System, apparatus and methods for image-guided, robotically delivered transcranial magnetic stimulation (irTMS) treatment
Transcranial magnetic stimulation may be delivered to a subject based on a treatment plan. This treatment plan is generated using connectivity-image guidance to identify one or more optimal locations to stimulate based on network properties. In turn, a cortical column cosine principle may be applied to identify one or more particular subject locations at which to deliver TMS to the subject to the optimal locations.
Latest BOARD OF REGENTS, THE UNIVERSITY OF TEXAS SYSTEM Patents:
- MODIFICATION TO LEADED EYEWEAR FOR SIGNIFICANT OPERATOR EYE RADIATION DOSE REDUCTION
- HLA-RESTRICTED VCX/Y PEPTIDES AND T CELL RECEPTORS AND USE THEREOF
- PEPTIDE THERAPEUTICS FOR ACUTE AND CHRONIC AIRWAY AND ALVEOLAR DISEASES
- IMMUNE CELLS FOR ADOPTIVE CELL THERAPIES
- A METHOD OF ENGINEERING NATURAL KILLER-CELLS TO TARGET BCMA-POSITIVE TUMORS
This application claims priority to U.S. Provisional Patent Application No. 62/745,626, filed on Oct. 15, 2018, in the names of Peter T. Fox, Jack L. Lancaster, and Felipe Santiago Salinas, entitled SYSTEM, APPARATUS AND METHODS FOR IMAGE-GUIDED, ROBOTICALLY DELIVERED TRANSCRANIAL MAGNETIC STIMULATION (irTMS) TREATMENT, the disclosure of which is hereby incorporated by reference.BACKGROUND
In transcranial magnetic stimulation (TMS), magnetic fields pass readily through biological tissues, including bone. Rapidly changing magnetic fields induce electrical currents that, in turn, depolarize neurons. TMS stimulation of the brain was first achieved by Barker et al. (1985), stimulating the primary motor cortex. In the 1950's, Donald Hebb described the principle of Hebbian learning, which states that repetitive firing of a neural system will be neuromodulatory. Current formulations of this principle are long-term potentiation (LTP) and long-term depression (LTD), which have been firmly established in a wide range of species, including humans. Based on the Hebbian neuromodulatory principle, repetitive transcranial magnetic stimulation (rTMS) has been tested in hundreds of trials in scores of disorders, including major depressive disorder (MDD) and post-traumatic stress disorder (PTSD).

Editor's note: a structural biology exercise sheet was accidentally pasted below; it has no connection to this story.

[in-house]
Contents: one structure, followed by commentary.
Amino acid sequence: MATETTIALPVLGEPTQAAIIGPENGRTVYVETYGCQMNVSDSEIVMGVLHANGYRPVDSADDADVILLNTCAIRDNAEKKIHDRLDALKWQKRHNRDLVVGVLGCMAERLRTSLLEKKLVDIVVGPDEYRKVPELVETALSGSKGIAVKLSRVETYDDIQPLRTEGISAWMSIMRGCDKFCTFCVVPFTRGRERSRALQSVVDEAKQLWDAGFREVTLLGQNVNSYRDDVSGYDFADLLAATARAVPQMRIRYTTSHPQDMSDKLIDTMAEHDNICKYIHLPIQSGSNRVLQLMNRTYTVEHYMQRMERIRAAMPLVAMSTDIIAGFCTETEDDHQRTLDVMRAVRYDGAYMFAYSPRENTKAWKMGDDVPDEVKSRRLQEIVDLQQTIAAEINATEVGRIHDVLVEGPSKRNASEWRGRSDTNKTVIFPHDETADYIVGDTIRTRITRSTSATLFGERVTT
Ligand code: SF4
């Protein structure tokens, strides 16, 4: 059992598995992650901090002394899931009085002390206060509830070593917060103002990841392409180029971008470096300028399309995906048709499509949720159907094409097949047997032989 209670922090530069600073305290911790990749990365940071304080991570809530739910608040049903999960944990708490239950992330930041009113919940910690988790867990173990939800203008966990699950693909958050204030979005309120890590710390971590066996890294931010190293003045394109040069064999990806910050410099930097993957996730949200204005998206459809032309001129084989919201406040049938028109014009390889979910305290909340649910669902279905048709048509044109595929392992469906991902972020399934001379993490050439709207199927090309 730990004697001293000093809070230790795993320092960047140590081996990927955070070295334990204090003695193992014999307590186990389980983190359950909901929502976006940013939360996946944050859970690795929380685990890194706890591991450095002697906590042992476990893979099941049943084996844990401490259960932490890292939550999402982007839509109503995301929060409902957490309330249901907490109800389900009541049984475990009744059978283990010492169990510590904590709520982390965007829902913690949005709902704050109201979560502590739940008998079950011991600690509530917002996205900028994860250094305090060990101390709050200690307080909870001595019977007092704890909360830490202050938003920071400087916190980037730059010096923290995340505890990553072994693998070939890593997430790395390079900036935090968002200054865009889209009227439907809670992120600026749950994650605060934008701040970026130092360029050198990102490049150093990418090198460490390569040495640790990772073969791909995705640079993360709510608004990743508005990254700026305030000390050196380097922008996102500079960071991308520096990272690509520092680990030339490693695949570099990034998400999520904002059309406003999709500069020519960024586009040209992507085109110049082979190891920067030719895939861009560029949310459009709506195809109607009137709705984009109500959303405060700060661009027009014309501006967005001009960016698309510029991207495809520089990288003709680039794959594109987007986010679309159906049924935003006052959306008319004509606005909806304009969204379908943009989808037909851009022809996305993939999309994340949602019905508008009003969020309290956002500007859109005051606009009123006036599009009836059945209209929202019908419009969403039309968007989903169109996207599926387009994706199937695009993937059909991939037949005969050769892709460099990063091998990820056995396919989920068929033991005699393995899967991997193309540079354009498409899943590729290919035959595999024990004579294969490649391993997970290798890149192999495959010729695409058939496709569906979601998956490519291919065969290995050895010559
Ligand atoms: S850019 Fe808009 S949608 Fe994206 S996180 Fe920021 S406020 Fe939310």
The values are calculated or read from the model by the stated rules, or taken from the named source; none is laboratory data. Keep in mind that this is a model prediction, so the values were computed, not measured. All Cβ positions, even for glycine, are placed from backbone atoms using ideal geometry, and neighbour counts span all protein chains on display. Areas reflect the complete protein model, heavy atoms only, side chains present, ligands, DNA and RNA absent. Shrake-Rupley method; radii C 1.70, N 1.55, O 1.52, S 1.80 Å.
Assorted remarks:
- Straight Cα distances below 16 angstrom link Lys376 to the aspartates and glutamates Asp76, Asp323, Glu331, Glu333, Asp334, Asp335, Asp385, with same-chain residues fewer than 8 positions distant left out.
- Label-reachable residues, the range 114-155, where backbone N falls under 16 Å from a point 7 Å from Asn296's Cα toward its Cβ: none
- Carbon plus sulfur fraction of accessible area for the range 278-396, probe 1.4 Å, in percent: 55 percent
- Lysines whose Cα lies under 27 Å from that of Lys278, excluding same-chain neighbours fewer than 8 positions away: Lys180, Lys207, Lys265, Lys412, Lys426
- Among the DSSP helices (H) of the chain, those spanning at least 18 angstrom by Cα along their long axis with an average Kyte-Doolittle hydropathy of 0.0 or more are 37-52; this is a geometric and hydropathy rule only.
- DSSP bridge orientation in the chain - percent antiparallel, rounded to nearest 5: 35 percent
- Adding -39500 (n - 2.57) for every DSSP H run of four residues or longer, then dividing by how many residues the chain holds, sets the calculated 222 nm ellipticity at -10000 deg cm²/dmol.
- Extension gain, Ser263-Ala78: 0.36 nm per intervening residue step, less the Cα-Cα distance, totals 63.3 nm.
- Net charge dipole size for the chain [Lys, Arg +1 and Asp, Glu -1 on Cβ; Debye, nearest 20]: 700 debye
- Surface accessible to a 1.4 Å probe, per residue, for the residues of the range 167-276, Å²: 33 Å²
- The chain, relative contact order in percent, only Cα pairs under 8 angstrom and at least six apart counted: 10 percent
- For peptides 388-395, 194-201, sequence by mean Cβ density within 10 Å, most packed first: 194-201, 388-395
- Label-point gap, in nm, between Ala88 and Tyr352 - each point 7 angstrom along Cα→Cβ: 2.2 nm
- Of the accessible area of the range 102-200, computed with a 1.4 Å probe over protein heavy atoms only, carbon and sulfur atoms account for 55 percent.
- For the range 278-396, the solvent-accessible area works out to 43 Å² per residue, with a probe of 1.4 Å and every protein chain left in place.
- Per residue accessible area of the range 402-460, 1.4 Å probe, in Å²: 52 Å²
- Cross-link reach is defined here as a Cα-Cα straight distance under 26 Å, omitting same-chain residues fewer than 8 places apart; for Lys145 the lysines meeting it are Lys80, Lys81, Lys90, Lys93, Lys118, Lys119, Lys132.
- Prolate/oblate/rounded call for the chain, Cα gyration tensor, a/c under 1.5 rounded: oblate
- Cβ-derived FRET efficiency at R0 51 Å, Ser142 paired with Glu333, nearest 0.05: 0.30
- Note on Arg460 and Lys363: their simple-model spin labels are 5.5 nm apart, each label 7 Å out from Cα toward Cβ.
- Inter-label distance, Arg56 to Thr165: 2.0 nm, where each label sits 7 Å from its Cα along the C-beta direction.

Repetitive transcranial magnetic stimulation is a non-invasive neuromodulatory treatment modality that is approved by regulatory bodies in the United States (FDA), Canada, Europe and Australia for MDD. FDA approval for rTMS treatment of MDD was based on a double-blind, placebo-controlled (sham TMS), multi-center clinical trial. In that trial, the neuroanatomical location targeted was the left dorsolateral prefrontal cortex (DLPFC), based on functional neuroimaging evidence that it serves as a hub in a multi-node network dysregulated in MDD. A similar approach was adopted in previous rTMS treatment trials of PTSD when targeting the right DLPFC. However, these rTMS targeting methods are neurophysiologically, neuroanatomically and technically unsophisticated. Specifically, (left or right) DLPFC was located by reference to the hand region of primary motor cortex (M1hand), rather than being based on per-subject anatomy or connectivity. The orientation in which the coil was positioned (with the E-field vector pointed toward the patient's nose) was (grossly) optimized for M1hand, but did not account for differences in gyral anatomy between locations (DLPFC versus M1hand) or between subjects; these studies were also not image-guided. This is the standard-of-care for TMS treatment of MDD.